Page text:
My better coins go into plastic coin capsules.
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« Reply #61 on: November 09, 2010, 09:56:20 am »

Actually trying out gem jar cases.  I looked up what the plastic jars are made out of, and it appears to be Lucite, which is basically plexiglass.  I have found where other good coin slab type holders are made out of Lucite.

I love the method so far!
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Will Hooton
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« Reply #62 on: November 09, 2010, 10:00:10 am »

Most of my coins are in flips sealed with transparent sticky tape to prevent them from falling out.



PVC free I hope! Smiley
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David Atherton
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« Reply #63 on: November 09, 2010, 11:02:12 am »

I suppose I'm in the minority here... I use the cardboard holders.

I collect denarii so I really don't want to handle them too much (fingerprints and such) and the cardboard holders are easy to store in an album.

*UPDATE*

I'm still using the 2x2 cardboard holders, but now store them in long coin boxes which contain about 50 of the 2x2 holders. I agonized a few years ago about keeping them in a bank deposit box and after weighing the pros and cons finally decided to store them there. I miss being able to handle them whenever I want, but the trade off in security and peace of mind is worth it I think.

At home I keep a binder with detailed info and pics of each coin.
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« Reply #64 on: November 09, 2010, 11:57:29 am »

Definitely velvet trays. A collection is far more pleasing to look at when it's set in trays than in plastic albums. Moreover, when kept in trays coins are much easier to handle, and ancient coins have to be touched...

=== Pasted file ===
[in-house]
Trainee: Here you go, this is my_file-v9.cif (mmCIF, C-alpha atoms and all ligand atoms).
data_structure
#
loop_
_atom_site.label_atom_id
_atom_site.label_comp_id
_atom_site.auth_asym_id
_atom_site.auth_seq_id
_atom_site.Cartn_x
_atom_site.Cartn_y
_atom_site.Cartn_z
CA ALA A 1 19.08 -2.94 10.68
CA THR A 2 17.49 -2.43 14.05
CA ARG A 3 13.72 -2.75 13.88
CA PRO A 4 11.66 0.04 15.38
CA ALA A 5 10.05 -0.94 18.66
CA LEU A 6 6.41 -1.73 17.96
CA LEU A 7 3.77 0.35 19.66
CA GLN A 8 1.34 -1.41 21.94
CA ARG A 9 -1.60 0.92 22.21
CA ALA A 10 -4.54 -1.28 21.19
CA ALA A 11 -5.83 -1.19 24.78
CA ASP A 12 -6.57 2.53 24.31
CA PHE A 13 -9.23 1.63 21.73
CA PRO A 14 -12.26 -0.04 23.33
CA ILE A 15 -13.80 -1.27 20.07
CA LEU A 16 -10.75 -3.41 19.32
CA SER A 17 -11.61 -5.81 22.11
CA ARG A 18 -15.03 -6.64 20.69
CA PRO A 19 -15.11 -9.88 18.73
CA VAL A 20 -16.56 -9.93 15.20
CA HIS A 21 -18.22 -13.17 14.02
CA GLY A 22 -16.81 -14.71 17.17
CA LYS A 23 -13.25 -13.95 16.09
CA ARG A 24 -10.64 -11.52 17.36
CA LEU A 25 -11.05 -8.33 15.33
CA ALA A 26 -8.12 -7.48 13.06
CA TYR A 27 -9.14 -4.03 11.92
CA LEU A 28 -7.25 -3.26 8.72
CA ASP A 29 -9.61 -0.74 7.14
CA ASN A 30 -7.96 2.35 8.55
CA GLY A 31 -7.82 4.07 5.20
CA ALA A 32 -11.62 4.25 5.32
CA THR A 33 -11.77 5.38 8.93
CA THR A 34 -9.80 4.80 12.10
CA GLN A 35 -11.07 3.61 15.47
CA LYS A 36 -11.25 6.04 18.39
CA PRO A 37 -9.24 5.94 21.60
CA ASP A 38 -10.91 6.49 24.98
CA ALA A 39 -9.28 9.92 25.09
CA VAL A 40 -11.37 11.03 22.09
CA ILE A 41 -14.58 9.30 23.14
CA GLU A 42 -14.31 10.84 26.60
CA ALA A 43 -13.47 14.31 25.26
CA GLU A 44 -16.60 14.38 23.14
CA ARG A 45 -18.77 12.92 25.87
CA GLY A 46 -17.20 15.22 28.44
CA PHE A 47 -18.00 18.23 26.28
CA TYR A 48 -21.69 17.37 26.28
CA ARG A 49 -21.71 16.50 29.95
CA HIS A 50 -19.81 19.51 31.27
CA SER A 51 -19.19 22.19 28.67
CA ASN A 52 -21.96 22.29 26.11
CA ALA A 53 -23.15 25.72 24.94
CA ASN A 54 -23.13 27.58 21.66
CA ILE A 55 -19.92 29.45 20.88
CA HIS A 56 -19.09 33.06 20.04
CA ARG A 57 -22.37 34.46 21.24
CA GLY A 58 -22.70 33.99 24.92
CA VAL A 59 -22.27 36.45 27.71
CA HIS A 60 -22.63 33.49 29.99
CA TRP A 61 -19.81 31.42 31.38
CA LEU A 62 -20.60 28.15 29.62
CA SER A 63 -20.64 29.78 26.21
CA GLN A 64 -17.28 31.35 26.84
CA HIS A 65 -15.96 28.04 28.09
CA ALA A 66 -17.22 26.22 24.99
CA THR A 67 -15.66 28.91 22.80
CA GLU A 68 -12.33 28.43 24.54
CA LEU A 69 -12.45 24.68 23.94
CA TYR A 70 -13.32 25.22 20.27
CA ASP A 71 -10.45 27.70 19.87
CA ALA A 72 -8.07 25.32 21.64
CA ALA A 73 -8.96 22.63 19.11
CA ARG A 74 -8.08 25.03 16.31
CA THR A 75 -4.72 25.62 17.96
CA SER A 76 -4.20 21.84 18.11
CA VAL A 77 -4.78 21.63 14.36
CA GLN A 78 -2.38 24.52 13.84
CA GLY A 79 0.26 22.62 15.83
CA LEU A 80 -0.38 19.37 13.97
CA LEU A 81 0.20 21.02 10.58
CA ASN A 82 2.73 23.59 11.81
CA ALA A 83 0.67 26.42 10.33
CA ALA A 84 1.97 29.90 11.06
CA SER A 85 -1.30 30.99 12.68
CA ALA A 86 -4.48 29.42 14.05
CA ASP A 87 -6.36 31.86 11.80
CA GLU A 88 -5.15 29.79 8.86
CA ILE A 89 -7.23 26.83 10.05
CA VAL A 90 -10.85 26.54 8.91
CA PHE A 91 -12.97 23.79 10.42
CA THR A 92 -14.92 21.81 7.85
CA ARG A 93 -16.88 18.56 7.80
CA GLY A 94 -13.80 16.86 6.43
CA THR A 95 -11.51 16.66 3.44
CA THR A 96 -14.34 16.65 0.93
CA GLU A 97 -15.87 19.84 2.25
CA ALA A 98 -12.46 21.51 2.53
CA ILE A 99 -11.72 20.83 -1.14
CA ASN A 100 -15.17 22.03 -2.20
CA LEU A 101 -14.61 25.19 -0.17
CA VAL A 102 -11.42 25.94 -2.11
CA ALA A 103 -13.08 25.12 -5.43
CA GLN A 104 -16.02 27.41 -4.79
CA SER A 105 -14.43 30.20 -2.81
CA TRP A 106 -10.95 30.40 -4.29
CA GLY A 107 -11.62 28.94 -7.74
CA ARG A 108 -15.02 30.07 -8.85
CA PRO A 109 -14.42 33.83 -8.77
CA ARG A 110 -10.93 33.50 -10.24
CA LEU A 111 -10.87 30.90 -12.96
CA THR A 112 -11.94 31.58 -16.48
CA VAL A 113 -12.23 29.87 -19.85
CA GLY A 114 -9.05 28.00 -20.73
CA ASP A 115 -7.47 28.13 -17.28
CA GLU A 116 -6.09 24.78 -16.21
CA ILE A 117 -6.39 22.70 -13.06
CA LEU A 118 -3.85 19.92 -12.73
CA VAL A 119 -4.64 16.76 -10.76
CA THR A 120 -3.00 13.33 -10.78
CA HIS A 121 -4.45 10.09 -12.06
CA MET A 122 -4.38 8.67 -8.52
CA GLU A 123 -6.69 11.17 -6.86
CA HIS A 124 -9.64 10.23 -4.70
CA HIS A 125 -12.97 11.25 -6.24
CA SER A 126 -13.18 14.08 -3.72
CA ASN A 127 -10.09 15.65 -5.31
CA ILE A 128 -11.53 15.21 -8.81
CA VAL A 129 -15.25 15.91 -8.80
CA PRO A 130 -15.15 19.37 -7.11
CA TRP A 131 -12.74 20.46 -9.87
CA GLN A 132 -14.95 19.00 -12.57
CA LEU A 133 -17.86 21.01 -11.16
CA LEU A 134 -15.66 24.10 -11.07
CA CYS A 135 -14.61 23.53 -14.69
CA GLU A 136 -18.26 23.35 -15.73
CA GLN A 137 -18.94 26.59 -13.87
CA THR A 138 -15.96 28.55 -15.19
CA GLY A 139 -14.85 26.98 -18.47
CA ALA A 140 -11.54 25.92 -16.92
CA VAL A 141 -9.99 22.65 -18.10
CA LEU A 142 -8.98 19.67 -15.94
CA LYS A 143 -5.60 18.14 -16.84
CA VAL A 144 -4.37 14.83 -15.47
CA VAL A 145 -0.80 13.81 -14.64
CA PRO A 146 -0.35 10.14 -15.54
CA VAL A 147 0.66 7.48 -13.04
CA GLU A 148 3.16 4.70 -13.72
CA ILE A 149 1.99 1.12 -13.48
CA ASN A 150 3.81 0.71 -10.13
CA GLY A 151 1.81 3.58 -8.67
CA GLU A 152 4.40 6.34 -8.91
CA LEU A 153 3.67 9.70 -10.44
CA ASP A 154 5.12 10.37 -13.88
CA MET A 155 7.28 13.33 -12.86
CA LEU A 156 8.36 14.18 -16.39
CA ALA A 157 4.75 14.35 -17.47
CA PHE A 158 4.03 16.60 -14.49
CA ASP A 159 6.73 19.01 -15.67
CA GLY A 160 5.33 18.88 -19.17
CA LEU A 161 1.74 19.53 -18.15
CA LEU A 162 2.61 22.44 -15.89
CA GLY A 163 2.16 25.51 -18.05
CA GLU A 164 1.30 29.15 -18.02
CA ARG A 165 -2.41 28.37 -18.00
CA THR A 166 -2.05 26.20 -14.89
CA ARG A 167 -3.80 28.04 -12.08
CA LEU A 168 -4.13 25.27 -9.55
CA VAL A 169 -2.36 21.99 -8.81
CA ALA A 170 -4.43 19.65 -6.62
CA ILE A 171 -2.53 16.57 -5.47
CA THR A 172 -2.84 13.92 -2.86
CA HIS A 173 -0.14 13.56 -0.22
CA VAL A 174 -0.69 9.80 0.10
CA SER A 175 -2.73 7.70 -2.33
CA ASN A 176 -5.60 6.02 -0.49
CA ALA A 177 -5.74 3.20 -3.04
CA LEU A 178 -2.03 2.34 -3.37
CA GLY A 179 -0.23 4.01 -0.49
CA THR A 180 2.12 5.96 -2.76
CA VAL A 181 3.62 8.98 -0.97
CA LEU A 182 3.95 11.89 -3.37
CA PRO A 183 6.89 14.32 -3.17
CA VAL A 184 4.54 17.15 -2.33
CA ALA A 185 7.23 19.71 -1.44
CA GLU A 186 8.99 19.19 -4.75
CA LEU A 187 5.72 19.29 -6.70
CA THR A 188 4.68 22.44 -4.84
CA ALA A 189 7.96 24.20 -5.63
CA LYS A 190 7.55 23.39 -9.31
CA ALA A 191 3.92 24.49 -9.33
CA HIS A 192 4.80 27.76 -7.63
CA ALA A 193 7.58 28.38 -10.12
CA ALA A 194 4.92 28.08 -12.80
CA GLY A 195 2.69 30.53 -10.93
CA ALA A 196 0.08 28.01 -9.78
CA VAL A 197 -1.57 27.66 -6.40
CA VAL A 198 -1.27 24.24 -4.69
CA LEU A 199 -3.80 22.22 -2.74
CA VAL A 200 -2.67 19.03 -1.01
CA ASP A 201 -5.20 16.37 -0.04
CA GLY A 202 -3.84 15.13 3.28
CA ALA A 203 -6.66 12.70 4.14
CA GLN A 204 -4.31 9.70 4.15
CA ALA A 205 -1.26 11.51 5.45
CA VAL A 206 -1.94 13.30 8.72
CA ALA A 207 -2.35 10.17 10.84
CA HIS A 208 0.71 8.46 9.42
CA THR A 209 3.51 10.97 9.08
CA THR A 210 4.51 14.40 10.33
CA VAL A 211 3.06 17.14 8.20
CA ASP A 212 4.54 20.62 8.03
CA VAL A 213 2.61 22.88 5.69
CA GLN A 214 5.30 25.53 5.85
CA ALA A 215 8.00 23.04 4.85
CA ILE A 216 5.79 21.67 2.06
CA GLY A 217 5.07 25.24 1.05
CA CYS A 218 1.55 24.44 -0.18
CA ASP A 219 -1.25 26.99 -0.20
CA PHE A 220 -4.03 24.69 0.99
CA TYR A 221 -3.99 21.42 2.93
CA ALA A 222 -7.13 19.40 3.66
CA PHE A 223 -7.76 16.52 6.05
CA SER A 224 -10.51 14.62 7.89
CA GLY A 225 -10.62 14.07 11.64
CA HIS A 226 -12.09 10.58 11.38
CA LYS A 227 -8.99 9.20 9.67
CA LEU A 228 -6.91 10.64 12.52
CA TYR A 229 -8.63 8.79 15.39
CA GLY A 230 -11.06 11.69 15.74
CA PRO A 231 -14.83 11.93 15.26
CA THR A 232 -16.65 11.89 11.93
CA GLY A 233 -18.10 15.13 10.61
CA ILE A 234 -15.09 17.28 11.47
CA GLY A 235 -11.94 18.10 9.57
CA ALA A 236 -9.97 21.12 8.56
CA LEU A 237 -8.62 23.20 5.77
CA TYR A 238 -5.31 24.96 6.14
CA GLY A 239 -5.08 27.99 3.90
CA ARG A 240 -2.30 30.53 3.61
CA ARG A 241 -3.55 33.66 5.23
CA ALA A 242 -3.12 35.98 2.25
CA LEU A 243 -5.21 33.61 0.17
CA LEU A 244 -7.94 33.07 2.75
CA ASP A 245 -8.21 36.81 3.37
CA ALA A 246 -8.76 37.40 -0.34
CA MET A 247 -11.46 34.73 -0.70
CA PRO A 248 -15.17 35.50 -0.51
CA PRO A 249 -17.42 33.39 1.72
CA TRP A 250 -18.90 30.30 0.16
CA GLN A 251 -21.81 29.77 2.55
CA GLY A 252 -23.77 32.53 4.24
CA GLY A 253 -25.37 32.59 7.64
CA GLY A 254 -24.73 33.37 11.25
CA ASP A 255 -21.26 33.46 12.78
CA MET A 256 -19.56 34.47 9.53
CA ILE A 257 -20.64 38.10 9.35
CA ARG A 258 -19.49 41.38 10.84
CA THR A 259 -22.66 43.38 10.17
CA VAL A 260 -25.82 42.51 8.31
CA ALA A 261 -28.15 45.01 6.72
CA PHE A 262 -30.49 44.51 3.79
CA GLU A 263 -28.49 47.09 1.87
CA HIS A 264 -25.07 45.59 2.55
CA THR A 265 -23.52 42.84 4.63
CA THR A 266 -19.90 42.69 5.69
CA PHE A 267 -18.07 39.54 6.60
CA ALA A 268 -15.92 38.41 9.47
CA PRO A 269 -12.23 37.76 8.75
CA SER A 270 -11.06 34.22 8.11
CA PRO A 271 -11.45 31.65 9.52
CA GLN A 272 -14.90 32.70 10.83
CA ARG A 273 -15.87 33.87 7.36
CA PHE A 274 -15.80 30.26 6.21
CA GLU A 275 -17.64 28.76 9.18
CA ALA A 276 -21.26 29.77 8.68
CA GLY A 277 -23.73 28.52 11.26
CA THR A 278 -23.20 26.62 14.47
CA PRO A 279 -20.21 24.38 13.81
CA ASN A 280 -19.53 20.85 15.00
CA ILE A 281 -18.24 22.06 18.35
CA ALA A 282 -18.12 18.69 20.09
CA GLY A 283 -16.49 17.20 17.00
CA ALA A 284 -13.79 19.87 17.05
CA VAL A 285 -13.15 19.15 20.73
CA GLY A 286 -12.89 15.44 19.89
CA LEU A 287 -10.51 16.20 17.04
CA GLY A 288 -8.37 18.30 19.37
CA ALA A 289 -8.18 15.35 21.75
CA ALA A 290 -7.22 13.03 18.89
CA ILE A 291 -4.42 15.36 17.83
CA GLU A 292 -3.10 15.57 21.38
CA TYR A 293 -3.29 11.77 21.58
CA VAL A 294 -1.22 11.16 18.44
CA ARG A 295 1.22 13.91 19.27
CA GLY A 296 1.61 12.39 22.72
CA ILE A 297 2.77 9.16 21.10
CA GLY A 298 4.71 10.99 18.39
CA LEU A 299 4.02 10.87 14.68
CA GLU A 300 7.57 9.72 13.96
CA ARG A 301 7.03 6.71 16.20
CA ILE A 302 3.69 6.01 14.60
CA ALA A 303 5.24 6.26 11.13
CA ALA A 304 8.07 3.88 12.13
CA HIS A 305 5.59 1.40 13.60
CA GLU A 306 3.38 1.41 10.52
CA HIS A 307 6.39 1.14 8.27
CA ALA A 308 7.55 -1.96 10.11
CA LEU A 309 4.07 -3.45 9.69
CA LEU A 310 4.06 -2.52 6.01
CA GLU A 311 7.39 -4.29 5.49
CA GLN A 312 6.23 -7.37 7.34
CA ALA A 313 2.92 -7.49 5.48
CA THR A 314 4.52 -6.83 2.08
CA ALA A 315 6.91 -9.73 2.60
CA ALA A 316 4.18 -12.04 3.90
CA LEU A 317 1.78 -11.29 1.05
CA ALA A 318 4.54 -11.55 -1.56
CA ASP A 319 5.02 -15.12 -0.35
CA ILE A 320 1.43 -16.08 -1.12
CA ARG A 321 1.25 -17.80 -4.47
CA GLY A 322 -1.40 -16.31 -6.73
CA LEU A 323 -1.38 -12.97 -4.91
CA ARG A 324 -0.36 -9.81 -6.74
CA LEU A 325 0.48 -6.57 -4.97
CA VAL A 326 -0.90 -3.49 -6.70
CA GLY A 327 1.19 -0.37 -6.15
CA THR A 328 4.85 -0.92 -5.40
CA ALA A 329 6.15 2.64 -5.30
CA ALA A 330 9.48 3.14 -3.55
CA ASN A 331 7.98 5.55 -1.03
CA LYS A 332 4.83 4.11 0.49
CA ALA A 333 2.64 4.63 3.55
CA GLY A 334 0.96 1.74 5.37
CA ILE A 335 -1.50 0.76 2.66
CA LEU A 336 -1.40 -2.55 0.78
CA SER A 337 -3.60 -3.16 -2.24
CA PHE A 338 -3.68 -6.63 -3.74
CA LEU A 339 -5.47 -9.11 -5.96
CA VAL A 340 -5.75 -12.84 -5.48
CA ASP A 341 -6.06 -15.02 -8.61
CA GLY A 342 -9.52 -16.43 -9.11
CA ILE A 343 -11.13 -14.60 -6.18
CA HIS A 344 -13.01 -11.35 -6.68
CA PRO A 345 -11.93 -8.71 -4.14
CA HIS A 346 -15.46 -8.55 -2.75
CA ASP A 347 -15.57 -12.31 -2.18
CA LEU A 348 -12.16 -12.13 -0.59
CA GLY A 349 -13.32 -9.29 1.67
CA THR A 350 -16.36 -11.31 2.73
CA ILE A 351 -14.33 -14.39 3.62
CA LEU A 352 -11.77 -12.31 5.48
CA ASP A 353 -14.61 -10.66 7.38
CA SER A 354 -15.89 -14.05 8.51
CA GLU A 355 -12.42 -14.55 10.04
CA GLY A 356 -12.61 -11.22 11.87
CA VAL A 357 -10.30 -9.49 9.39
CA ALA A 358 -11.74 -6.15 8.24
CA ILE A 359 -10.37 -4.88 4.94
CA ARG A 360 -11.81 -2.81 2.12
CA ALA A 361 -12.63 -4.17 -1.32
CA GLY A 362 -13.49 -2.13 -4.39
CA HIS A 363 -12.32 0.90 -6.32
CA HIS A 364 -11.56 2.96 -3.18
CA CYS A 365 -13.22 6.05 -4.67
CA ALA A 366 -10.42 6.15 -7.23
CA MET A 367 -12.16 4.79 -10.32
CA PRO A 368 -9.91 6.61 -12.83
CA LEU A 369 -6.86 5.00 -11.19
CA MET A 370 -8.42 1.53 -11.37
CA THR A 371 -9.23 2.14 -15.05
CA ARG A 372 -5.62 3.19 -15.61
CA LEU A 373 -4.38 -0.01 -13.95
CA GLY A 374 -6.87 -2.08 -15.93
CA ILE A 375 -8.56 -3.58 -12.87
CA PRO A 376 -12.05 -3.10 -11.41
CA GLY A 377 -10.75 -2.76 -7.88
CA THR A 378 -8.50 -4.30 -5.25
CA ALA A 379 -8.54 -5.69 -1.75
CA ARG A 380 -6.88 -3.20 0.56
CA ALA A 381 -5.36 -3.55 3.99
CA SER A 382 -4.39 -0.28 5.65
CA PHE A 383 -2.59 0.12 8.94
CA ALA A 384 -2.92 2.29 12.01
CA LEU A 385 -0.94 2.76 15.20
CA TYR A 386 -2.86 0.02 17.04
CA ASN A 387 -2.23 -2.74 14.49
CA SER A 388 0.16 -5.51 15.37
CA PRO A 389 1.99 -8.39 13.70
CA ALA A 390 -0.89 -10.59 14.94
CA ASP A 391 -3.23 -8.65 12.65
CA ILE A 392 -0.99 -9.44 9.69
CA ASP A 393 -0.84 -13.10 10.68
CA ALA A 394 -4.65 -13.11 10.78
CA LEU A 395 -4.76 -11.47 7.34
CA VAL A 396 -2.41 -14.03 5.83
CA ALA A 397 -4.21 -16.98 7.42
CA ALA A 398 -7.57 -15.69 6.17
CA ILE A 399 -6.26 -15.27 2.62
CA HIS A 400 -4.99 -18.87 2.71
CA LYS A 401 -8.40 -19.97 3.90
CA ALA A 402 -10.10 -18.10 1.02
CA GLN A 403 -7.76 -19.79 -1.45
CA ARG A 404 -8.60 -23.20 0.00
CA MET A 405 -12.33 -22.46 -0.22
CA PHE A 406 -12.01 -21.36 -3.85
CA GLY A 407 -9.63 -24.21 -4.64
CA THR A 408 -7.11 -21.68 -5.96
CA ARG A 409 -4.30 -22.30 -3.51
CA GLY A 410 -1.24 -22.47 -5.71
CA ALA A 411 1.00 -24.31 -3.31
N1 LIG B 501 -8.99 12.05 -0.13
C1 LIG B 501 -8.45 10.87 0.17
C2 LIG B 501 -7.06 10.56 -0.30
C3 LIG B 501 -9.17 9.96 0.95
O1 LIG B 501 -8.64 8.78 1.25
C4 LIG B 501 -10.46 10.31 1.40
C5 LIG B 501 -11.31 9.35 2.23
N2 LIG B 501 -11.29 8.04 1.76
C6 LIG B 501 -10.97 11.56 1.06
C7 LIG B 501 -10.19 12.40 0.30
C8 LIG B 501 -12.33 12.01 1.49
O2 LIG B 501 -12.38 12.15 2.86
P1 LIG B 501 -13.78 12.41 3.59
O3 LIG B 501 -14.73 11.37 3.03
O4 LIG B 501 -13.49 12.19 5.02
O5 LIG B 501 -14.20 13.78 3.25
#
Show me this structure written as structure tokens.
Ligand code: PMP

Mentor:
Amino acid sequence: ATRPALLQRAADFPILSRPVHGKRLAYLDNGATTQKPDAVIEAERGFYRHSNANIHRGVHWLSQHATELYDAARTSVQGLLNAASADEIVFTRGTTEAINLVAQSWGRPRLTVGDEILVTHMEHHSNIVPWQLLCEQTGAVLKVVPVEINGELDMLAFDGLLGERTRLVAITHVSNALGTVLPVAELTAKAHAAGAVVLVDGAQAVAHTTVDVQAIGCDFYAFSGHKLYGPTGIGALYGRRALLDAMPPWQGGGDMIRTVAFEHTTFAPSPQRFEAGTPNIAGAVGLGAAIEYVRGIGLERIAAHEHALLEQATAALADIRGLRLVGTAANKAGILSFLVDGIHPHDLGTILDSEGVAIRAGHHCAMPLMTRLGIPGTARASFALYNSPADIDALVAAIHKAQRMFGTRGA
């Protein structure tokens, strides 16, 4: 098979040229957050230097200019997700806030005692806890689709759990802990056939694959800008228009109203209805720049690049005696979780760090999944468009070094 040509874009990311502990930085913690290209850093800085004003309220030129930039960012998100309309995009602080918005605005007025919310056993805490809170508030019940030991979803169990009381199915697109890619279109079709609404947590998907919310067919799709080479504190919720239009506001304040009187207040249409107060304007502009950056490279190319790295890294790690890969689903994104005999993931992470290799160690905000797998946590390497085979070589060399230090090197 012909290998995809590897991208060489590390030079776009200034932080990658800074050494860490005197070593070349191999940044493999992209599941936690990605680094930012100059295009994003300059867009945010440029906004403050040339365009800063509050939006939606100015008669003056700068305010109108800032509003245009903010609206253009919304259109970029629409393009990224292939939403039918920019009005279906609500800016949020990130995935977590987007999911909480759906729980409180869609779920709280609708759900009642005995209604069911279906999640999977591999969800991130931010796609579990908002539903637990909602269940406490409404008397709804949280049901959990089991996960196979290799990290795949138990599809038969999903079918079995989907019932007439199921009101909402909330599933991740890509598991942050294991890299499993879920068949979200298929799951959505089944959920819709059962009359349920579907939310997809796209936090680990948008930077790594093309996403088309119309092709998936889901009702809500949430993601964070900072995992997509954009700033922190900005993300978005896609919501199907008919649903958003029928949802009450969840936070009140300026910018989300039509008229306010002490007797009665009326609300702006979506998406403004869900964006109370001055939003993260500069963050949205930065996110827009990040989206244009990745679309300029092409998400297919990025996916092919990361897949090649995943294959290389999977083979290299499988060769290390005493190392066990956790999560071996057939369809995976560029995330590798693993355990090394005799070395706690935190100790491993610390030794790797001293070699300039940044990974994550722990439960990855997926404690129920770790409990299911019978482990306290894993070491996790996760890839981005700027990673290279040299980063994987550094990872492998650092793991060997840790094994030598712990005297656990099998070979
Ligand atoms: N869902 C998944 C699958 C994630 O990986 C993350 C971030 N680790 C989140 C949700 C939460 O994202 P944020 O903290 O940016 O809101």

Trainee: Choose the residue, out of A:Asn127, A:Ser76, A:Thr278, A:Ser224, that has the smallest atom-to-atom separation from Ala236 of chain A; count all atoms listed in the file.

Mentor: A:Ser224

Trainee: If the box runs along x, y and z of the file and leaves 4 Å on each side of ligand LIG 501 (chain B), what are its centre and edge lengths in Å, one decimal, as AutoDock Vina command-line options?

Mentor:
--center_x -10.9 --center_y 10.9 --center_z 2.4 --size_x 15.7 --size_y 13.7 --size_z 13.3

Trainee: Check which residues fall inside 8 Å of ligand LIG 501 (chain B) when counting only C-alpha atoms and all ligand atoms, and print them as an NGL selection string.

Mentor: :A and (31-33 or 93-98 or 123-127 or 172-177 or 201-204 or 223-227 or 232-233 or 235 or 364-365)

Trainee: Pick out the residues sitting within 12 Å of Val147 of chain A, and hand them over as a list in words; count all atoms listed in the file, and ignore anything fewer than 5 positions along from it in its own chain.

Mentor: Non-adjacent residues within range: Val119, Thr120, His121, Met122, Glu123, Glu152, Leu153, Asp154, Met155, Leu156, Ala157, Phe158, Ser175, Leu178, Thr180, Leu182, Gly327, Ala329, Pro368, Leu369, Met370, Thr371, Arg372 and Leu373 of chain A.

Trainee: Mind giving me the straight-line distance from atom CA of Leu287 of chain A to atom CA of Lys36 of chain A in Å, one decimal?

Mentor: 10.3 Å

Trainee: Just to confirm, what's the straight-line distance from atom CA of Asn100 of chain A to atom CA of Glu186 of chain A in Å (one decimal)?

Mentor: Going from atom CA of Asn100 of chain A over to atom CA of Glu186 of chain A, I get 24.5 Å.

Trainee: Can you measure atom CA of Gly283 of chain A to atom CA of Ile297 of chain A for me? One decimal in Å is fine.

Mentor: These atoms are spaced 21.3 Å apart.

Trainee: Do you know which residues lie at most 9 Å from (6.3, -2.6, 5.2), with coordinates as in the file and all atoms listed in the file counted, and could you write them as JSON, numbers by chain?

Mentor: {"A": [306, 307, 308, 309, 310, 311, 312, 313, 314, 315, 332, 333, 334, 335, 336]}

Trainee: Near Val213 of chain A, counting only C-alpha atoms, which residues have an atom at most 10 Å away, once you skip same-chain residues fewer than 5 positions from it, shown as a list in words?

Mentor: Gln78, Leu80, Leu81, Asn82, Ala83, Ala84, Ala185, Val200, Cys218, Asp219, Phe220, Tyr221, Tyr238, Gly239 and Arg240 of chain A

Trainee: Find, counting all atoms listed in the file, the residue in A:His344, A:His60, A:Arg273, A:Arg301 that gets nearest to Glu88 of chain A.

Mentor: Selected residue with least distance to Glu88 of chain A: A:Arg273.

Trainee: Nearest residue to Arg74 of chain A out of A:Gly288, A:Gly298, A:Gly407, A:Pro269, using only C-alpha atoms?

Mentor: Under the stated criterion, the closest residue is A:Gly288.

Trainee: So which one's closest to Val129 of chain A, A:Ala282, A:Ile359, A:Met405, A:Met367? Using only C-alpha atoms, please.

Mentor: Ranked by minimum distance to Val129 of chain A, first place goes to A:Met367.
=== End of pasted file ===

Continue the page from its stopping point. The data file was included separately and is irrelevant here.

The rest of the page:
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« Reply #65 on: November 09, 2010, 12:19:36 pm »

I strongly agree. Ever since discarding the plastic flips and album pages I look at my coins much more often and derive much more joy from my collection. Taking them out of the album is not much work in theory but in practice I just didn't do it very often.
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« Reply #66 on: November 09, 2010, 02:27:29 pm »

I also agree impuber et alii . A question to those who use trays.Do you wash your hands before handling your coins ?. Or use gloves?.
In case you already wear the toga virilis,sorry for the impuber mention.
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Bud Stewart
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« Reply #67 on: November 10, 2010, 10:06:16 am »

I suppose I'm in the minority here... I use the cardboard holders.

I collect denarii so I really don't want to handle them too much (fingerprints and such) and the cardboard holders are easy to store in an album.